Daylight saving is the most recent of many efforts to manage time. Spurred by the railroads, the United States imposed standard time in November, 1883. Up until then, local time ruled. Not everyone immediately fell in line with standard time. Detroit was said to have kept local time until 1900 when its city council decreed that the clocks should be put back 38 minutes to Central Standard Time. Half the city obliged; the other half refused.

The Industrial Revolution in particular changed how people experienced and treated time. An industrial system imposed a discipline that required a new attitude towards time. Before then, people were much less time-bound than we are today. Were they freer because of it? Probably in certain ways. Everything has a price, including progress.

The effort to partition time began long before then, of course. The Egyptians devised sun clocks 3,000 years B.C. Oil clocks, water clocks and fire clocks followed. The first mechanical clock was invented about 1200 A.D, according to one source I read. A Web site on time by the Canadian Broadcast Company said the first public clock was erected in Milan in 1335. The wrist watch dates from World War I.

All of these efforts to measure time are meant to help us use our time efficiently, and yet I suspect that the more we try to save time, the less we have of it. Certainly my efforts to measure out my life in carefully calibrated increments don't seem to add much leisure to my life.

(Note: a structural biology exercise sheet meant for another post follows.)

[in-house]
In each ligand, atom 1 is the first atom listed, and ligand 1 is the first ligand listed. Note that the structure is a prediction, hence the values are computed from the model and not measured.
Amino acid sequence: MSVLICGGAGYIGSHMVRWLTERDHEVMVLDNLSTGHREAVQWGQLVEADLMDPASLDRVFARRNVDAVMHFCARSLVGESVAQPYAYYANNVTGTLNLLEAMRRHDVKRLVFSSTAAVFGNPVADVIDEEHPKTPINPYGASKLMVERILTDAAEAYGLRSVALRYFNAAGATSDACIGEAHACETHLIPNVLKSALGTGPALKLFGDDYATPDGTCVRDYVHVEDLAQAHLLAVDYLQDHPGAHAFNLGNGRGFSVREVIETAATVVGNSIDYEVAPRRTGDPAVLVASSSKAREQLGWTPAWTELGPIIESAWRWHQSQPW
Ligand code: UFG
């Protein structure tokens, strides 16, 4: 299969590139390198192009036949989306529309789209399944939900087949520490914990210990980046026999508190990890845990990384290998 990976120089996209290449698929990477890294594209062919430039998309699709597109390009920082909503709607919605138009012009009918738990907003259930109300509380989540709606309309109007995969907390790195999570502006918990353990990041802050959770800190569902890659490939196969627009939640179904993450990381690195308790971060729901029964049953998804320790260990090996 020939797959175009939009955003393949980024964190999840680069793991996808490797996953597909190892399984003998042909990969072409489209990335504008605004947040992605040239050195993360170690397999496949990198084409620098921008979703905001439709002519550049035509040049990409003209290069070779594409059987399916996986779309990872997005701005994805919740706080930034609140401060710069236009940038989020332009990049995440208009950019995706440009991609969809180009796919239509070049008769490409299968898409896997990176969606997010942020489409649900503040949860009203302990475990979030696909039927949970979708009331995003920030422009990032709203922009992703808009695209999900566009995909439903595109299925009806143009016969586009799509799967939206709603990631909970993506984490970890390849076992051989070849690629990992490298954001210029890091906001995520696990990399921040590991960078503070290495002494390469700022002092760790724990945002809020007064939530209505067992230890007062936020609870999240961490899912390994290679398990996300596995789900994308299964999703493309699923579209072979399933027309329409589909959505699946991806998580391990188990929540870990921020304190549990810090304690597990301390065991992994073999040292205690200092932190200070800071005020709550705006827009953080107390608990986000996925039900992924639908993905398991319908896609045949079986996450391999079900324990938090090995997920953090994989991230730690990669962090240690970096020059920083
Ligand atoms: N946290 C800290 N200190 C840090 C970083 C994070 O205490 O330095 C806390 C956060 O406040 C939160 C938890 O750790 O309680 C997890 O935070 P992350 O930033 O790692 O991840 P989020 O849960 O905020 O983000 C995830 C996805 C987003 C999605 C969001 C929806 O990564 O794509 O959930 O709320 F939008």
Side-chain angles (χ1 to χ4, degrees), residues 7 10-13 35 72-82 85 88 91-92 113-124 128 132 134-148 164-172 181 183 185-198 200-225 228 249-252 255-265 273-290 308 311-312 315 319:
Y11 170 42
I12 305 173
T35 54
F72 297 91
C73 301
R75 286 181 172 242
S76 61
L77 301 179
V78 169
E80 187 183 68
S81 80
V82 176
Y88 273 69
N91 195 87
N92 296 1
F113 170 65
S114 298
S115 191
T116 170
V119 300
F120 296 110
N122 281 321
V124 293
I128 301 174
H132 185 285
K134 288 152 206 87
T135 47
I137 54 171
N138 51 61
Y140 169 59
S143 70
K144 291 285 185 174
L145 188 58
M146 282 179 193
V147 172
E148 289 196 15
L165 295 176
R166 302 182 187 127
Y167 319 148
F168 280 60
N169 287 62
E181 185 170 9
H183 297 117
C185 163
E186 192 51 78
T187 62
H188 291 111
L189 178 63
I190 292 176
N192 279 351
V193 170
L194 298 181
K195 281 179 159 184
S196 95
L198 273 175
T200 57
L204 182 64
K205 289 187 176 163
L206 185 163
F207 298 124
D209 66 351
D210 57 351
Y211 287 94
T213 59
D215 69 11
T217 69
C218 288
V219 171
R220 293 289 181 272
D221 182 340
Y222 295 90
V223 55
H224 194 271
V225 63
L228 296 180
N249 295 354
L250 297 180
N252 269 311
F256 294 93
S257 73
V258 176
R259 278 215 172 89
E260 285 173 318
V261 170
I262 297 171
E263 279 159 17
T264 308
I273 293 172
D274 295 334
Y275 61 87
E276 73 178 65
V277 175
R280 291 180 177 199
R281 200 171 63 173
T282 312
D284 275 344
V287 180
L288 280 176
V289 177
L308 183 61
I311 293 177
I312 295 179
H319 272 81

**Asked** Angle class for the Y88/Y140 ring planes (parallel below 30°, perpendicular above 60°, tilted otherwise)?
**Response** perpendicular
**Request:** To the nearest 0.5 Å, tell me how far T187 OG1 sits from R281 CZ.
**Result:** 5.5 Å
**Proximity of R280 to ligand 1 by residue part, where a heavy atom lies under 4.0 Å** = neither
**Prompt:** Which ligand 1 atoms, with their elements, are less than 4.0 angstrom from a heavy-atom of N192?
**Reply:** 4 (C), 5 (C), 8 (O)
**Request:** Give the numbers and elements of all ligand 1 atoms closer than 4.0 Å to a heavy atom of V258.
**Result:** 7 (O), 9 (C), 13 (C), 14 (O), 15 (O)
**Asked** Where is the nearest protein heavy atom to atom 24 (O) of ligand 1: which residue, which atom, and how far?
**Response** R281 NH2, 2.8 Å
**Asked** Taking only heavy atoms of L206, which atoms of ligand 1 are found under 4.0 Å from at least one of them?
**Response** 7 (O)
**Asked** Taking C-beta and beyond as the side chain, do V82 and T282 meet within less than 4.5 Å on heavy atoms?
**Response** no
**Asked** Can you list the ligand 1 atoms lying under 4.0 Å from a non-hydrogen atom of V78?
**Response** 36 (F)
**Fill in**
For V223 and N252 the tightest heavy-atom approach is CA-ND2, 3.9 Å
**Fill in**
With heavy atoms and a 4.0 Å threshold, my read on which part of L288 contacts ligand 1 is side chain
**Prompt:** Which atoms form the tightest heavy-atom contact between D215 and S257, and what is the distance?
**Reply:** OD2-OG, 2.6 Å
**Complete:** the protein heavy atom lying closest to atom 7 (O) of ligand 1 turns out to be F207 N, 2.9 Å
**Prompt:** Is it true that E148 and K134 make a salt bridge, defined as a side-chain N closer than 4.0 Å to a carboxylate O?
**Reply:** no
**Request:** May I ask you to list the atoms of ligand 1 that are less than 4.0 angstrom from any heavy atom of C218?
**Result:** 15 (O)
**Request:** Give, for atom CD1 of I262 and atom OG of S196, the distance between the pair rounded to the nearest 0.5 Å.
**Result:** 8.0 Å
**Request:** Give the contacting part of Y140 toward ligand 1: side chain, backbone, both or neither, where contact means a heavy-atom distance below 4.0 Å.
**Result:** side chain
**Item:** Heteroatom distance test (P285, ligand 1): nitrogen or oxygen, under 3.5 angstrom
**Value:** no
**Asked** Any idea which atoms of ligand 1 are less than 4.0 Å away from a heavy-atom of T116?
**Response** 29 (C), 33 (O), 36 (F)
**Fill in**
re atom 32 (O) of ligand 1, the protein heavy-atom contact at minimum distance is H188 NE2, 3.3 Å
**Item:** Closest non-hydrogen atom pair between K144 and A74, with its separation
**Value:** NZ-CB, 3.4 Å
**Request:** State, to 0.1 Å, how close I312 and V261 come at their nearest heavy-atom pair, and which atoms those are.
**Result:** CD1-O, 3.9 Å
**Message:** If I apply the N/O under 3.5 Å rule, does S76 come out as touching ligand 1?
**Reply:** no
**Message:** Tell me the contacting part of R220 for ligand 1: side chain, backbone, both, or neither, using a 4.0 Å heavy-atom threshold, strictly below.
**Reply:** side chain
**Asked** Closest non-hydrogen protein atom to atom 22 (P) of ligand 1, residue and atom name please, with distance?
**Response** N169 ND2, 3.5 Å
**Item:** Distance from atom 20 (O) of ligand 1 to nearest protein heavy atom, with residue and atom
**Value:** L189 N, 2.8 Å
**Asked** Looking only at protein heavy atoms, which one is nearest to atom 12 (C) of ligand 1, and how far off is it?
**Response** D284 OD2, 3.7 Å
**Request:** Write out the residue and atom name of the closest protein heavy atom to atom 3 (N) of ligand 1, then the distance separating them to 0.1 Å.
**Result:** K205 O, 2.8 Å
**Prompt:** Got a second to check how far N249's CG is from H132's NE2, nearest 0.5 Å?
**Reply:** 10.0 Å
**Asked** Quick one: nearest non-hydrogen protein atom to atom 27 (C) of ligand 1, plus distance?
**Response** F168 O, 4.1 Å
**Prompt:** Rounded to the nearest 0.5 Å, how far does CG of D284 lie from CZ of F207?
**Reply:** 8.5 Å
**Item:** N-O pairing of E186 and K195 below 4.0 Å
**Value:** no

My niece, who spent several months in Mali on a college exchange program, told me people in Mali have an amazing ability not to worry about time. After a while she said she gave up wearing her watch. Nothing ever started on time. In any case, if she was late, it didn't matter. It's not that Malians never watch the time. They do, but in a different way. I learned from my niece that Malians don't say "hello." They say, "good morning," "good midday," "good afternoon" and "good evening." The time of "good midday" changes as the days grow longer. In February, when my niece arrived, it was about 11. When she left in May, it was about 9:30. "I could never really figure it out," she said. "Sometimes I'd say 'good morning,' and they'd correct me and say, 'no, good midday.'"

Malians don't hurry. They don't have much, but they do have time. In the West, we have everything but time.

I don't know whether I'll ever be in a place where time doesn't much matter. I suspect I'd find it maddening. But I'd like to experience it sometime to see if and how it affects me once I settle into it.

"Time is but the stream I go fishing in," Thoreau said.

That's not our culture's predisposition, though, and I'm probably not the only one who's standing in the stream trying to stop the water. Going with the flow is probably less frustrating and more fun. If I could give up my futile efforts to manage time, I might be able to enjoy it.

Margot Patterson is NCR opinion editor. She can be reached at mpatterson@natcath.org